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Not understanding credit scores can cost you, survey says

Jeremy Simon

Consumers remain largely uneducated about credit scoring. That’s unfortunate, since a new survey suggests that by informing themselves and taking a few easy steps, borrowers could save billions of dollars each year.

According to the latest credit score survey commissioned by the Consumer Federation of America and Washington Mutual, less than one third of Americans are aware that credit scores indicate risk of not repaying a loan.

“Lack of consumer knowledge about credit scores not only increases the costs of their credit and insurance but also reduces the availability of these and other services,” CFA Executive Director Stephen Brobeck says via press release.

Educating themselves about credit scores and making use of that knowledge could result in sizable savings for borrowers. “By taking a few simple steps, American consumers have the power to reduce their collective credit costs by billions of dollars annually,” says Washington Mutual Card Services President Anthony Vuoto. Since a higher credit score means lower interest rates, WaMu estimates that U.S. consumers could trim $105 in annual credit card finance charges by raising their credit score 30 points. Collectively, that would result in total estimated annual savings of $28 billion. WaMu’s calculation is based on data supplied by Argus Information and Advisory Services.

The CFA and WaMu survey revealed numerous gaps in consumers’ awareness of credit scores. “Many Americans fail to understand that one’s credit score reflects only how they use credit, not factors such as income and age,” the press release says. Additionally, while 78 percent of survey respondents understand that their credit score can suffer if they make a monthly payment more than 30 days late, just 59 percent realize that maxing out their credit card also lowers their credit score.

The Consumer Federation of America and Washington Mutual highlight what they believe to be the most important information about credit scores:

  • Scores reflect only one’s past credit history, not personal characteristics, such as age, gender or level of income. Over time, consumers have the ability to raise their scores.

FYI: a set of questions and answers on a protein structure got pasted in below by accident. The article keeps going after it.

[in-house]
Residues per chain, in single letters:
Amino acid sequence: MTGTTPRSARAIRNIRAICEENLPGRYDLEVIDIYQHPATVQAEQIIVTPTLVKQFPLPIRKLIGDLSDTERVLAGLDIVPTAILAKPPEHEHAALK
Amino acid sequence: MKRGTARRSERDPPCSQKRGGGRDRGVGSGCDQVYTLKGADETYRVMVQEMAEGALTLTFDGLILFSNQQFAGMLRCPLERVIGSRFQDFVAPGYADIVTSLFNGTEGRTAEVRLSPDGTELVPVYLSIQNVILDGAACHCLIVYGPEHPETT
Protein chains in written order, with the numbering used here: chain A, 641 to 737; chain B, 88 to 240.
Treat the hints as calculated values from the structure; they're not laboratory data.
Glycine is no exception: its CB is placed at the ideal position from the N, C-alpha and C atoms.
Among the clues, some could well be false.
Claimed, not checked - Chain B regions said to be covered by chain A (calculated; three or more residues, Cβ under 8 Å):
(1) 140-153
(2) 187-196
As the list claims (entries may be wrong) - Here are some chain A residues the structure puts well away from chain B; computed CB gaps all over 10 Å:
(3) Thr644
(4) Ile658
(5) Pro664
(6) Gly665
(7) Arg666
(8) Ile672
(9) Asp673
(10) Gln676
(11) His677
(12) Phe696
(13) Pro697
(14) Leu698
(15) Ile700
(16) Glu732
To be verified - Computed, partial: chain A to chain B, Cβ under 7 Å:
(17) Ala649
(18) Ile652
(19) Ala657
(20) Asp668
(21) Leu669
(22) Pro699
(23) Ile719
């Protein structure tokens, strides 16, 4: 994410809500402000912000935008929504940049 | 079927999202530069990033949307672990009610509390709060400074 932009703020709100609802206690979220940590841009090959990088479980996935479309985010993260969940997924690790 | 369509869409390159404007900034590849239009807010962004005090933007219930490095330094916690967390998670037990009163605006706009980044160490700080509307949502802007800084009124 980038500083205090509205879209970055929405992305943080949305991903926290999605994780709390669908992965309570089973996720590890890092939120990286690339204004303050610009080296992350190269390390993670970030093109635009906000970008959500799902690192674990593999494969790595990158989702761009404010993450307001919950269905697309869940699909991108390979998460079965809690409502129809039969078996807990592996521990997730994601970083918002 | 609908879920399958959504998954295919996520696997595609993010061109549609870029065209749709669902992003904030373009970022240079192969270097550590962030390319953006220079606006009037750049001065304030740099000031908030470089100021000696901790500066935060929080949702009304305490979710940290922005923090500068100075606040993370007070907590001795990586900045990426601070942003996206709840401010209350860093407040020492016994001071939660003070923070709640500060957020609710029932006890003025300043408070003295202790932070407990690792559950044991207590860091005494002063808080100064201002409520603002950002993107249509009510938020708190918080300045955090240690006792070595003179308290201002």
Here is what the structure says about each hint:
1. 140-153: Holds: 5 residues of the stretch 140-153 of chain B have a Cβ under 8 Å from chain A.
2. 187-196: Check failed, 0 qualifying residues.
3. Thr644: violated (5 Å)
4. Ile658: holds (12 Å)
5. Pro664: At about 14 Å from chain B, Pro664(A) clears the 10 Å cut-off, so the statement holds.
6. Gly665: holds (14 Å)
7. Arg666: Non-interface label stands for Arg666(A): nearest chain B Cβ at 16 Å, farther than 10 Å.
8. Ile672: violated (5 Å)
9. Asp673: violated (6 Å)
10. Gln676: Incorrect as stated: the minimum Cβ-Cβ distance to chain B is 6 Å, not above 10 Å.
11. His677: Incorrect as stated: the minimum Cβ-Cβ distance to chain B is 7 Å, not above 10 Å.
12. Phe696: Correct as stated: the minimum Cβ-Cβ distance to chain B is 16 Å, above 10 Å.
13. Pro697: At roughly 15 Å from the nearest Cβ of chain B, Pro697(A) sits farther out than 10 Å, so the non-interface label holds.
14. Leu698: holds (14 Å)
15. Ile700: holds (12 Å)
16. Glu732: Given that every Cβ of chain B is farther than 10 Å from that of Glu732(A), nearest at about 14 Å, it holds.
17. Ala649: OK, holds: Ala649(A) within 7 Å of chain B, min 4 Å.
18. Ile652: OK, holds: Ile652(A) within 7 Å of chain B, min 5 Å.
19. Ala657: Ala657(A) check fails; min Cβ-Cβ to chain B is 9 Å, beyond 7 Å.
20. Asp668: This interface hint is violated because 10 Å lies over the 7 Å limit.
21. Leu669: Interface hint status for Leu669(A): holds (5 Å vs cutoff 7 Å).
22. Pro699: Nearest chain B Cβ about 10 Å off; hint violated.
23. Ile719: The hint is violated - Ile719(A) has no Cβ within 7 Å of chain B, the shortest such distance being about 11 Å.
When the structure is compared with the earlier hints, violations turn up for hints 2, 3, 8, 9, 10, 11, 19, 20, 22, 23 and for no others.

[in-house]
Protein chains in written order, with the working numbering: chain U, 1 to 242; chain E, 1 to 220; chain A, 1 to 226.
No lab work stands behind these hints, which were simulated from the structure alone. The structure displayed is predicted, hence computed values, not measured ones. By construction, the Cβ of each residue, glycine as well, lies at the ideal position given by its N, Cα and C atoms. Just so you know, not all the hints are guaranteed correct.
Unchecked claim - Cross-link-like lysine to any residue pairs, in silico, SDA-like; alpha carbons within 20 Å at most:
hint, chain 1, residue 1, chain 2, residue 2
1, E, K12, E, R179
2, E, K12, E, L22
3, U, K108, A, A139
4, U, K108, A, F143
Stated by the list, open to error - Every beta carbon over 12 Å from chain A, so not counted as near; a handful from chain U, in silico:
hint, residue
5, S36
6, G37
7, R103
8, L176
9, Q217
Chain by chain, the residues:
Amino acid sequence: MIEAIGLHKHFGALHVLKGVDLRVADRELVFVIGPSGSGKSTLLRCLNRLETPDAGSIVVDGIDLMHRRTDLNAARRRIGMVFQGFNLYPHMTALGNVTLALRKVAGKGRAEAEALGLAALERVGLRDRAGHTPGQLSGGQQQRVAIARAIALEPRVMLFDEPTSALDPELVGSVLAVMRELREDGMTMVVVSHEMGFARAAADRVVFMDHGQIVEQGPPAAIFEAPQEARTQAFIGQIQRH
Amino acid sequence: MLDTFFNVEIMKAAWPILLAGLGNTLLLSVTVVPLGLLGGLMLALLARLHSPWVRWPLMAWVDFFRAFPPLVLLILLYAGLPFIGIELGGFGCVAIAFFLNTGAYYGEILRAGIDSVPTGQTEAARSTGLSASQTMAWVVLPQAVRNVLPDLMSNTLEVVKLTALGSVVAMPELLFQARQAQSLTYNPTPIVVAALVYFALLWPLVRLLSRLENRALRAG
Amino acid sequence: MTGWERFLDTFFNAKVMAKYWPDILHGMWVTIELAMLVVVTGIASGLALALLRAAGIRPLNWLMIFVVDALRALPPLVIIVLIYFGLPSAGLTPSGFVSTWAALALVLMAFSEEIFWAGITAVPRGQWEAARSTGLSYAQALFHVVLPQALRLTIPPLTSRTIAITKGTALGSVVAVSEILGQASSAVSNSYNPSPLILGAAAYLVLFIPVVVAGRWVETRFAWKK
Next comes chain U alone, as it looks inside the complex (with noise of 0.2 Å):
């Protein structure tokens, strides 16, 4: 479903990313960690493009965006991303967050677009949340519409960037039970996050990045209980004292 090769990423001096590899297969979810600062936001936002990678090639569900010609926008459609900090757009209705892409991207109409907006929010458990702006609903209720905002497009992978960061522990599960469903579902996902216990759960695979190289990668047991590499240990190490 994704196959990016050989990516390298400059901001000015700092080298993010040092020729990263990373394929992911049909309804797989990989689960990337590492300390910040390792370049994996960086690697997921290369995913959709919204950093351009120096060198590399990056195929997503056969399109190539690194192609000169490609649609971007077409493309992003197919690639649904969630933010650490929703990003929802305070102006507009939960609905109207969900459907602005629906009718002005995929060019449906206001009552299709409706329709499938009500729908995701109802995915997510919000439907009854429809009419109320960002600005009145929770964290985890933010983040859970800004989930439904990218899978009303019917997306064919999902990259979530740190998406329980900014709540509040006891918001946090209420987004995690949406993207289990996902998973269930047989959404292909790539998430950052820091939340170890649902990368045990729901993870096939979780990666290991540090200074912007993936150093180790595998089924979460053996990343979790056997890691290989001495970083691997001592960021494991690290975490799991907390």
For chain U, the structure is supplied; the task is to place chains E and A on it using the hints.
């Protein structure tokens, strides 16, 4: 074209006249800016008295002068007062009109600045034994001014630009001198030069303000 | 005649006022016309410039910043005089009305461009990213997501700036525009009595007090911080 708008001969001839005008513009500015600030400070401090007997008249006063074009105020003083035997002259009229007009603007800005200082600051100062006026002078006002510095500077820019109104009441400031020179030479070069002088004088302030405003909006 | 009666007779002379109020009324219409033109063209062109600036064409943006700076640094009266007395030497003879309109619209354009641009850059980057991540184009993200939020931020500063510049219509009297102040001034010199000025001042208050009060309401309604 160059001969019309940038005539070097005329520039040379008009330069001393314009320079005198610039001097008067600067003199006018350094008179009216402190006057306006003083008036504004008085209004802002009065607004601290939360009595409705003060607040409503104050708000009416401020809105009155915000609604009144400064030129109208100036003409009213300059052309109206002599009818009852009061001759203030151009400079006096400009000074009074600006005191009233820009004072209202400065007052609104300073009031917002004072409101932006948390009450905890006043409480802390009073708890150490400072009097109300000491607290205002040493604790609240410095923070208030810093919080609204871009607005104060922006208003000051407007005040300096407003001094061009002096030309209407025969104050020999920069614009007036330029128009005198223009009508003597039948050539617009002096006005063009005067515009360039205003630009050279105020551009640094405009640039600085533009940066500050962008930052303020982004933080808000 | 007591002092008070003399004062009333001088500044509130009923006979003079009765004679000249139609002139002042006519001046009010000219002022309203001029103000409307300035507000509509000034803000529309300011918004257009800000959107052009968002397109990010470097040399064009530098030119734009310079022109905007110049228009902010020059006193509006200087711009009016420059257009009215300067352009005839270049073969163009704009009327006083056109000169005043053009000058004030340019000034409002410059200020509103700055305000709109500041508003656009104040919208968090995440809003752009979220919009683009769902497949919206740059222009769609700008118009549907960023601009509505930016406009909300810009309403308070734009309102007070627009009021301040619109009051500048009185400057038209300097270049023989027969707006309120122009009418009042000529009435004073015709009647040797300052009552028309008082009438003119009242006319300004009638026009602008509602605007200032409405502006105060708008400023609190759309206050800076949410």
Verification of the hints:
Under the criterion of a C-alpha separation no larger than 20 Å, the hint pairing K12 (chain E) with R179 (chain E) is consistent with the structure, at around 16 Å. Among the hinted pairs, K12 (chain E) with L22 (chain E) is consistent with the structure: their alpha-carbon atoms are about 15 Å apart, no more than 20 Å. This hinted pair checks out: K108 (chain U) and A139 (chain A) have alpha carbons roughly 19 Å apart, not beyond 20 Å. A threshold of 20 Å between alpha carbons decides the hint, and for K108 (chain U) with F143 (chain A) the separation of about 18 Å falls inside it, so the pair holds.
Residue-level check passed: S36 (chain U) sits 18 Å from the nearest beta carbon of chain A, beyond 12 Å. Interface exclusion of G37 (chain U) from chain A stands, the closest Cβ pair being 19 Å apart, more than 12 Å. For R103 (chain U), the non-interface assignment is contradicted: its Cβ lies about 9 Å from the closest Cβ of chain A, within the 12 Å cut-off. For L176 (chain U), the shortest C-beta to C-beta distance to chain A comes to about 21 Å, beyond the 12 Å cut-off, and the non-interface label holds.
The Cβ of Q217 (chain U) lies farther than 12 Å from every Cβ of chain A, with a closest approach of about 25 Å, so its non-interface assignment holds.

• Low scores could not only cost individual consumers thousands of dollars a year in additional finance charges, but can also deny access to credit, insurance, telephone service, a rental unit and even a job.
  • Consumers with credit scores below 600 are almost always charged relatively high “subprime” loan rates, while those with scores above 700 are often charged relatively low “prime” rates, while those with scores above 760 are generally charged the lowest rates.

I’d say those are some solid reasons to take action in order to improve your credit score.

Still, some aspects of credit scoring could be beyond the borrower’s control. “Credit card issuers, including banks such as WaMu, have recently cut limits on many cards as financial institutions seek to reduce their credit risks. That can hurt credit scores because they are based partly on the amount a consumer has on a card compared to its overall limit,” the Associated Press reports. The lowering of credit limits has been confirmed by data from the Federal Reserve.

As they focus on education and credit score improvement, that’s an issue consumers need to be aware of.

See related: Understanding how credit scores work, Credit card issuers increasingly tighten standards, Fed says

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My blog “Gas station owners challenge credit card fees” was accepted into the Finance Fiesta: No Debt Plan Edition. Thanks for the inclusion, No Debt Plan!

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